Face/Off—Paramount Pictures (Blu-ray)
John Woo had definitely done some great action work over the years. But I will be the first to admit that not all of his films grab me. While I found this one entertaining, it was never one of my favorites by him. Probably because I went through a basic hate relationship with Travolta films for awhile. After Pulp Fiction it seemed like every other movie out there had him in it, and he always acted exactly the same. Since I've had a bit of a break from all that now, I will say the film sat a bit better with me this time around, but I still think it is one of Woo's weaker titles.
Despite a new Blu-ray encode, this release looks to have some of the same issues as the HD DVD release. This is one of those mixed bag transfers that is hard to rate. It is quite obvious that Paramount cleaned up this master quite a bit before this HD release. This pays off in some scenes, but hurts the release in others. The obvious noise reduction left a rather edgy looking image in most medium to long shots and ringing is evident. Detail suffers too, especially in motion where blurring is quite evident and at times distracting. There are moments when it paid off though with rich detail and a clean dimensional looking image. The problem is I know a lot of people who prefer their image clean and crisp and others who prefer a more realistic film presentation. I'm all about a razor sharp image if that was what was intended, but the obvious use of filtering here distracts. Since these same issues were apparent on the HD DVD, I imagine they are a function of the master used, and not encoding issues.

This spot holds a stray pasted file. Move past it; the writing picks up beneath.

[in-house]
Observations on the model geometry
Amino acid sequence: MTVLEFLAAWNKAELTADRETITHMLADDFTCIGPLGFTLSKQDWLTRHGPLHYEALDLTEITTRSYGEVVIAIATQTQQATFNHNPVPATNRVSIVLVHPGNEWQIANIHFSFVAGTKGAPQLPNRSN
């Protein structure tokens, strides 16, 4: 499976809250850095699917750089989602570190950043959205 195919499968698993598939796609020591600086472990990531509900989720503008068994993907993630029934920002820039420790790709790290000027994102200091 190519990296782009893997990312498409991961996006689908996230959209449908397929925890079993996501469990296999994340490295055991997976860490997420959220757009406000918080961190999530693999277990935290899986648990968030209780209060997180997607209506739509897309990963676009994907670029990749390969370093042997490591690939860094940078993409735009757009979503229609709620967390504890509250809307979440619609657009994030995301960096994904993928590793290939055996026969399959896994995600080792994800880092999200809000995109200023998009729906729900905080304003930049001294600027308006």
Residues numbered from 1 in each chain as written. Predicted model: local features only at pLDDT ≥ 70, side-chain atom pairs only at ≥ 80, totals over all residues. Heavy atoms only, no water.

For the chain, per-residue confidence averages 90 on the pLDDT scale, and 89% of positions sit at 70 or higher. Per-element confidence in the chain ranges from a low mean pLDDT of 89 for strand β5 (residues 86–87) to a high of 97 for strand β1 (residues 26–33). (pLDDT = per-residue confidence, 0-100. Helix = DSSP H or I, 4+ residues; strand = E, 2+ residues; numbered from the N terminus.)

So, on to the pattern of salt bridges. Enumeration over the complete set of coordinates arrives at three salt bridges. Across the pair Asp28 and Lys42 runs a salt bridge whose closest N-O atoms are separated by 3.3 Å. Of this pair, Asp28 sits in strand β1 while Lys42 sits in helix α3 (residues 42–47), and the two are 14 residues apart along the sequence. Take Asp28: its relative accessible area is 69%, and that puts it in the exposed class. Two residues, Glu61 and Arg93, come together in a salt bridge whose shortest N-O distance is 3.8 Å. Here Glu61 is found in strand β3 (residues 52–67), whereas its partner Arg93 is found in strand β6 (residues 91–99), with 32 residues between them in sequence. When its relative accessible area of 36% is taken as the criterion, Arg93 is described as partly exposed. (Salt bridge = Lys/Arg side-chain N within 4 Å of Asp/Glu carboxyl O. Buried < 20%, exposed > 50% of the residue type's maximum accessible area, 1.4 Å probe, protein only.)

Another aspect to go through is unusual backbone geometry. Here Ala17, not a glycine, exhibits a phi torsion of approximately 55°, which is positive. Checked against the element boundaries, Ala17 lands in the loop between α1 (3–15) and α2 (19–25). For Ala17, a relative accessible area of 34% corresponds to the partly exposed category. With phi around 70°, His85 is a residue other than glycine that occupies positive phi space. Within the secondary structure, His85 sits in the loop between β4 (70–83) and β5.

The Blu-ray release features the same lossy DTS-ES 6.1 and Dolby Digital 5.1 mixes as the HD DVD release. I was hoping that the Blu-ray version would include at least an uncompressed PCM mix. Both of the included tracks still sound good, though I thought the sound design was lacking a bit. There is plenty of dynamic range in the action sequences, but after awhile the shoot'em up style gets tiring. Dialogue sounds pretty good though, and the front soundstage is both open and airy, lending to a more natural soundstage. I still wish Paramount would have included a lossless soundtrack, but this one doesn't disappoint much.
Despite the art work available stating this is a two-disc set, Paramount has put everything onto one BD-50 disc. All of the features from the original HD DVD release are still there though. The features include a collection of commentaries. You also get seven deleted scenes in HD, a production feature in HD, a look at John Woo in HD, and the trailer in HD. I’m glad to see Paramount doing most of their special features in HD.
Other than the fact that this is on one disc instead of two I honestly couldn't find much difference between this release and the previous HD DVD release. The use of noise reduction on this master is still quite distracting and I would only recommend a purchase for hard core fans of the film.